Lesbian, gay, bisexual, trans, intersex, queer and other sexuality, gender and bodily diverse (LGBTIQ+) people are identified as a priority population for suicide prevention in Australia.
The umbrella term LGBTIQA+ is used to describe the shared experiences of marginalisation around sex, gender and sexuality. Though, people and groups within the LGBTIQA+ community have distinct histories, experiences and needs.
What does the evidence tell us about suicide for LGBTIQA+ people?
Although many LGBTIQA+ people live healthy and happy lives, research has demonstrated that a disproportionate number have a higher risk of suicidal behaviours compared to the general population.
LGBTIQA+ people are not at greater risk of suicide because of their sexuality, gender identity or intersex characteristics in and of themselves. Instead, these risks are due to psychological distress resulting from experiences of discrimination, prejudice, abuse and exclusion in relation to their identity or experiences.
There are currently no reliable national data on rates of suicide and self-harm among LGBTIQ+ communities in Australia.
The Private Lives 3 survey report details the experiences of 6,835 LGBTIQ+ people in Australia. Findings from the report include:
- Three-quarters (75%) of survey participants had experienced suicidal thoughts in their lifetimes.
- Around one third (30%) reported attempting suicide in their lifetimes.
- Younger age groups were more likely to report lifetime or recent experiences of suicidal thoughts and suicide attempts compared to older age groups.
- Transgender and non-binary participants were more likely to have experienced recent and lifetime suicidal thoughts and suicide attempts compared to cisgender men and women.
- Almost nine in ten (87%) participants with an intersex variation/s reported experiencing suicidal thoughts in their lifetimes.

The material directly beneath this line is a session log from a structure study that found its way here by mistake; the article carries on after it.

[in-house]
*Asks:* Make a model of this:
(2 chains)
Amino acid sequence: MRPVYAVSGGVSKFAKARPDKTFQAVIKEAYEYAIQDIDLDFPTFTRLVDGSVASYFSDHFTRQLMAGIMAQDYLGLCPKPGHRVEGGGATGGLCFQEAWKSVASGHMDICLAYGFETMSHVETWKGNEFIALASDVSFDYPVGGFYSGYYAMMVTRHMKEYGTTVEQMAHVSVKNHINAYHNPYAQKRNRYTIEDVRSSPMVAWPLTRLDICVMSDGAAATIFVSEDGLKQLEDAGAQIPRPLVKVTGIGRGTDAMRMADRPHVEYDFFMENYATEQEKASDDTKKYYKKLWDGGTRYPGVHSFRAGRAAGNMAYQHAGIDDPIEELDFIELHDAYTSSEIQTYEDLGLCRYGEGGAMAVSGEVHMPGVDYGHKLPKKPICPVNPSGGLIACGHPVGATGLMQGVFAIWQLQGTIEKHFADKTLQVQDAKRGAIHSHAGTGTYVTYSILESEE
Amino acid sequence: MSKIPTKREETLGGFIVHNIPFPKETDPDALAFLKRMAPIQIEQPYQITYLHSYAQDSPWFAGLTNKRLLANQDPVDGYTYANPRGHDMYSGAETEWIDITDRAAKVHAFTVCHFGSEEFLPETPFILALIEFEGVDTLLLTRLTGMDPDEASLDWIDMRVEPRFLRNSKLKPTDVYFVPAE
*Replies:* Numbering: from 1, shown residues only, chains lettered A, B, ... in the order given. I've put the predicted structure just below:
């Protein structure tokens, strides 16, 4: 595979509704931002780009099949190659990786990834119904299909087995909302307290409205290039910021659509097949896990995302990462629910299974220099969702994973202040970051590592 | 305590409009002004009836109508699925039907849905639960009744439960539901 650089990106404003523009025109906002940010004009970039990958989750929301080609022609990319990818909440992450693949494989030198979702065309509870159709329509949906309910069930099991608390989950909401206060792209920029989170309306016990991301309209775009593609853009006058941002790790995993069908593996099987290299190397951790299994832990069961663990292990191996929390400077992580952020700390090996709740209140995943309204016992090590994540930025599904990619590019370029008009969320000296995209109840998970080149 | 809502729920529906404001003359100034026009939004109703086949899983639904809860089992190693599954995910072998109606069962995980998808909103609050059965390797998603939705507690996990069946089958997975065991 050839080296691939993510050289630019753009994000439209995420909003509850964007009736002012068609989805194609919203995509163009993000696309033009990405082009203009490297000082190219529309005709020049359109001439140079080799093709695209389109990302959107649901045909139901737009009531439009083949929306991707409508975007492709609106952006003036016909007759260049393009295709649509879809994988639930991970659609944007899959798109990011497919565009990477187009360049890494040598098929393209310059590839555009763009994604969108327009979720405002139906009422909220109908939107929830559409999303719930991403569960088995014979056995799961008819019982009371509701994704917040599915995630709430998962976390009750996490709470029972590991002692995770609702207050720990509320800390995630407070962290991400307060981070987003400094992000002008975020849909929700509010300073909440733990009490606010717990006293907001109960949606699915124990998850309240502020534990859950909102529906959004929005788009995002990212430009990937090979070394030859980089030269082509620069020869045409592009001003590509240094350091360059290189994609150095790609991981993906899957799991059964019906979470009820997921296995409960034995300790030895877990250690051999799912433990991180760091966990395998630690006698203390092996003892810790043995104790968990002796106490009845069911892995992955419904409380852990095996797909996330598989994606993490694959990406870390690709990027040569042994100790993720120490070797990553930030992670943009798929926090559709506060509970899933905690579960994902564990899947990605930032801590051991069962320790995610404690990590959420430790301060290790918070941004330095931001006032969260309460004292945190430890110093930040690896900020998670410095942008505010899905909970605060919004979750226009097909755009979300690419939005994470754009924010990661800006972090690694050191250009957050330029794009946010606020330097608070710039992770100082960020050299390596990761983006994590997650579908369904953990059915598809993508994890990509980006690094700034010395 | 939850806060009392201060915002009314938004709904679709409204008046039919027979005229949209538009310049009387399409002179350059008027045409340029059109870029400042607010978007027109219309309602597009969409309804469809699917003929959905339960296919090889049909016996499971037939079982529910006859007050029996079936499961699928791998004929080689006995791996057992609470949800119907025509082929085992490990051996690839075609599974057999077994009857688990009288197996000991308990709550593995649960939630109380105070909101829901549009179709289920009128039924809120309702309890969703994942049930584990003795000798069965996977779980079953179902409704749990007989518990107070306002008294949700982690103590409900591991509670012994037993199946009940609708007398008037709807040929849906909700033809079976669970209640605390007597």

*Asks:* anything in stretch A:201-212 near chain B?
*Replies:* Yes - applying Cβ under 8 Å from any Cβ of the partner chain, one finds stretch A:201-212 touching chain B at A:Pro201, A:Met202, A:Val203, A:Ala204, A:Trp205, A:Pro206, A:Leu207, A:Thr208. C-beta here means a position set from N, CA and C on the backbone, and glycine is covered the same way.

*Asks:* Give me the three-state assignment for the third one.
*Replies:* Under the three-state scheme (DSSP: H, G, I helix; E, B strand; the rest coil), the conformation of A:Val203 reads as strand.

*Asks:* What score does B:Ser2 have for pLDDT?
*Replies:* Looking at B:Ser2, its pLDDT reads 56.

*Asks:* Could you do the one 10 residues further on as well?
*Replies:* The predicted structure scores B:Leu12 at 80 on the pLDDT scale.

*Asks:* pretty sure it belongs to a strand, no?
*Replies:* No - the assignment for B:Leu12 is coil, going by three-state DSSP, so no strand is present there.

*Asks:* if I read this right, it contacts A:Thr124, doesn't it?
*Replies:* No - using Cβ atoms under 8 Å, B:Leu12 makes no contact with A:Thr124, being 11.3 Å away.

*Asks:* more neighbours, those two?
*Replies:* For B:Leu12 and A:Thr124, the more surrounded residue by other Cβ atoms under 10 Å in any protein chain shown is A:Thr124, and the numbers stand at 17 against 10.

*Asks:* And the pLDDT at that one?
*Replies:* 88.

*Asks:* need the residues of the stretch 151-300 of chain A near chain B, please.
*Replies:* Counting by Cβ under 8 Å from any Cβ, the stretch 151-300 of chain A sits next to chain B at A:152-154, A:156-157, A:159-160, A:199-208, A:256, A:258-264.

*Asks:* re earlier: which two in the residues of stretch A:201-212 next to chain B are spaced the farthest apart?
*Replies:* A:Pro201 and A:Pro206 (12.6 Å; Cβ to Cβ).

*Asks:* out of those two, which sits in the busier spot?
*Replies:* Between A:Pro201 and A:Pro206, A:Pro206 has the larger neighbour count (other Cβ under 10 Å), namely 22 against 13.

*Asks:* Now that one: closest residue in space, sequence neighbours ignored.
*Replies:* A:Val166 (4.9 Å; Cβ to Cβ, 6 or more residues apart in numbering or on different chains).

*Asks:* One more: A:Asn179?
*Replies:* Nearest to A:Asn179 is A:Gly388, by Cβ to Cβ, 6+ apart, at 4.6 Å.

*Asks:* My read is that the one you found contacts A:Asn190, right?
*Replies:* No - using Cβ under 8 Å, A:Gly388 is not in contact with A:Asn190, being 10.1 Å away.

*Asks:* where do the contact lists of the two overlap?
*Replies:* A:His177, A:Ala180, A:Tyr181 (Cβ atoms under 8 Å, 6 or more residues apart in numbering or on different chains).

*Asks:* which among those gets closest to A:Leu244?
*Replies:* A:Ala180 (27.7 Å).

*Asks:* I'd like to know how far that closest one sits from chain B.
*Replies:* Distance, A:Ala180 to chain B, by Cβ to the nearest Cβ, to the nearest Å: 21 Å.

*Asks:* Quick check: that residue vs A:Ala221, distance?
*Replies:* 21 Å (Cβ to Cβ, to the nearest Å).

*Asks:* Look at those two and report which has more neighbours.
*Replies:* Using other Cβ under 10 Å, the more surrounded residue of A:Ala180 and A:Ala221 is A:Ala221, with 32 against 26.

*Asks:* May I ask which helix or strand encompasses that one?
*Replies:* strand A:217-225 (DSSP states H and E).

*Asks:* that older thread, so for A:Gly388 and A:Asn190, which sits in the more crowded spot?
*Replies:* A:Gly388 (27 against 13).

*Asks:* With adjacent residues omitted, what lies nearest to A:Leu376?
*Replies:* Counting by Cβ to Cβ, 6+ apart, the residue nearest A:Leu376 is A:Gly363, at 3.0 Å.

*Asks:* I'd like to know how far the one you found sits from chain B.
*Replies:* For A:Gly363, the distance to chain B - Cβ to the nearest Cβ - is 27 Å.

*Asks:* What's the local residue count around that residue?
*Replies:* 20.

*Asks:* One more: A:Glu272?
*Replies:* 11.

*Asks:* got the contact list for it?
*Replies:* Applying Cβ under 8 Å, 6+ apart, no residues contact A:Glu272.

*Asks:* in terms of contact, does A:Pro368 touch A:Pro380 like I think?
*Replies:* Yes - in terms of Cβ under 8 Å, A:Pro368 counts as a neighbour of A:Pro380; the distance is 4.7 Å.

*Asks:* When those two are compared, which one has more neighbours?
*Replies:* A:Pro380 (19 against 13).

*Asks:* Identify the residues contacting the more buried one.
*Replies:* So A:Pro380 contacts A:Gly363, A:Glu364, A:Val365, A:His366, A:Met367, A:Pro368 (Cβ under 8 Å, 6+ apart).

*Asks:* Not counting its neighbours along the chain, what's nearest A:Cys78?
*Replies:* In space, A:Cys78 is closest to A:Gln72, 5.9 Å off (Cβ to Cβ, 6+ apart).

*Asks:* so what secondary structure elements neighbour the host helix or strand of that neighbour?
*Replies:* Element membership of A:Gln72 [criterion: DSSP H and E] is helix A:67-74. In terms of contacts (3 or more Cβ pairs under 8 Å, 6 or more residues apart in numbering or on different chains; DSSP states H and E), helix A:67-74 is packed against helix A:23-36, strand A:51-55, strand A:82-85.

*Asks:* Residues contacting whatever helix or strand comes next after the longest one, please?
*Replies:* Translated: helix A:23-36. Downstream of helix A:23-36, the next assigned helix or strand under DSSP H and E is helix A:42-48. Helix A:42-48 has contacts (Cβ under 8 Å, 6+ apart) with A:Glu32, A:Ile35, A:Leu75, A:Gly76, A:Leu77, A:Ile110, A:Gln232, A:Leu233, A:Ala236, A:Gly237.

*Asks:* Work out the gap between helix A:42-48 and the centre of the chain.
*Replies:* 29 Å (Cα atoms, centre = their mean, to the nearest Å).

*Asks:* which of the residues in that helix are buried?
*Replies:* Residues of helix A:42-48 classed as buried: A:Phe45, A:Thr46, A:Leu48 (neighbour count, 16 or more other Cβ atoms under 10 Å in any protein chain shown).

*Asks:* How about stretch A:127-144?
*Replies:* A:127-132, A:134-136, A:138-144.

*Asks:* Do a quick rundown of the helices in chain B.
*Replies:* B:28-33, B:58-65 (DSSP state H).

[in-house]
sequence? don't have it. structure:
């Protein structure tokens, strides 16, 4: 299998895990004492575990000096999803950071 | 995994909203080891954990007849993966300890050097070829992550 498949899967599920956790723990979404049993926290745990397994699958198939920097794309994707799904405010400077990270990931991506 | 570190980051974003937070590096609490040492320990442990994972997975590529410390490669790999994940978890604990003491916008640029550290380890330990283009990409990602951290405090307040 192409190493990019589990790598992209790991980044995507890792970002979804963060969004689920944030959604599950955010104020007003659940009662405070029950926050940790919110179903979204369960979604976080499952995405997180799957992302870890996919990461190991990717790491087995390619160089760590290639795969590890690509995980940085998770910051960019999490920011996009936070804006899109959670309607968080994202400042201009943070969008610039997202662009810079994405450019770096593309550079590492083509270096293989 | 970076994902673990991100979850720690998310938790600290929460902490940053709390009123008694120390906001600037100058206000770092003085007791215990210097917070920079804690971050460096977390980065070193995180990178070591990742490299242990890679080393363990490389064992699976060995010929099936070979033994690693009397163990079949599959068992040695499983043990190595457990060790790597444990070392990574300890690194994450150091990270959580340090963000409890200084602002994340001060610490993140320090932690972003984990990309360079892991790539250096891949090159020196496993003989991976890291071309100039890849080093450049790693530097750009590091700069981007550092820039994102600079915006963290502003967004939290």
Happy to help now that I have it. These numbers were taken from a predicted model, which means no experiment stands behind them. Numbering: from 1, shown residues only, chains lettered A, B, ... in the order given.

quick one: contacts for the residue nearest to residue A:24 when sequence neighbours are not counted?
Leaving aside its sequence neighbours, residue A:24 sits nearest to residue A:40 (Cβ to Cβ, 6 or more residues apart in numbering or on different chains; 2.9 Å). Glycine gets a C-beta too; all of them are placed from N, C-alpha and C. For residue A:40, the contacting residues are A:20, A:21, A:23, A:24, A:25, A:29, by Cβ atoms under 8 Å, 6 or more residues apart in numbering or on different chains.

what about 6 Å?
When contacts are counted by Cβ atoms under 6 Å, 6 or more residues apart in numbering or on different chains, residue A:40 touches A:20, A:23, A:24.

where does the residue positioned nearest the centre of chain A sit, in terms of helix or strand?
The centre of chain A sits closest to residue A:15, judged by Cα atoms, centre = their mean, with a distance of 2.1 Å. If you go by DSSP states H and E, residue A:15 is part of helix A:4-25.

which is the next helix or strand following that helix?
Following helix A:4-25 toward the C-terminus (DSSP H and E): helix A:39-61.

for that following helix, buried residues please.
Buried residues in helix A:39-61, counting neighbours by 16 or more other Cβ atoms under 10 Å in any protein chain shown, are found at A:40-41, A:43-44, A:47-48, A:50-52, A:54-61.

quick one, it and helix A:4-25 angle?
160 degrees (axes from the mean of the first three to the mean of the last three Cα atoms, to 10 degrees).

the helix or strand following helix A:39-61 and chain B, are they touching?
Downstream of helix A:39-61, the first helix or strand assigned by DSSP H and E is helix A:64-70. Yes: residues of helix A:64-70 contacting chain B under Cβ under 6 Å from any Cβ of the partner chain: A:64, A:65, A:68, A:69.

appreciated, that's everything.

"LGBTIQ+ people demonstrate considerable resilience despite adversity, but our communities continue to experience concerning levels of discrimination, harassment and violence, compared to the general population."
Factors that may increase risk of suicide
Factors that contribute to worse outcomes for LGBTIQA+ people include:
- Individual discrimination
- Structural discrimination
- Intersecting discrimination, including racism
- Minority stress
- Intergenerational trauma
- Involuntary medical intervention
- Lack of gender affirmation
- Social isolation
- Sexual, domestic and family violence
- Clinical mental health conditions
- Lack of access to suitable and affordable services
- Homelessness, poverty, unemployment and disrupted education.
Factors that protect against risk of suicide
Factors that enable LGBTIQA+ people to flourish and promote wellbeing include:
- Healthy self-esteem and resilience
- A sense of purpose
- Feeling included and safe in one’s family and in all communities.
- Positive relationships
- Community connectedness
- Self-determination and human rights
- The right to practice culture and apply cultural protocols
- Gender affirmation and gender affirming health care.
What does this mean for policy and practice?
The Beyond Urgent: National LGBTIQ+ Mental Health and Suicide Prevention Strategy 2021-2026 was developed in response to the need for urgent action on mental health and suicide prevention for LGBTIQ+ communities.
The strategy includes four goals:
- Reduce the rates of psychological distress and suicidality (suicidal thoughts) among LGBTIQ+ communities.
- Increase access to safe and inclusive mental health care and support.
- Increase empowerment to lead to improved wellbeing for LGBTIQ+ Aboriginal and Torres Strait Islander Peoples.
- Reform data, research, funding and governance to deliver effective, community-led responses to LGBTIQ+ mental health and suicidality (suicidal thoughts).
Each goal is linked to strategic priorities and actions to improve outcomes for LGBTIQ+ people and communities.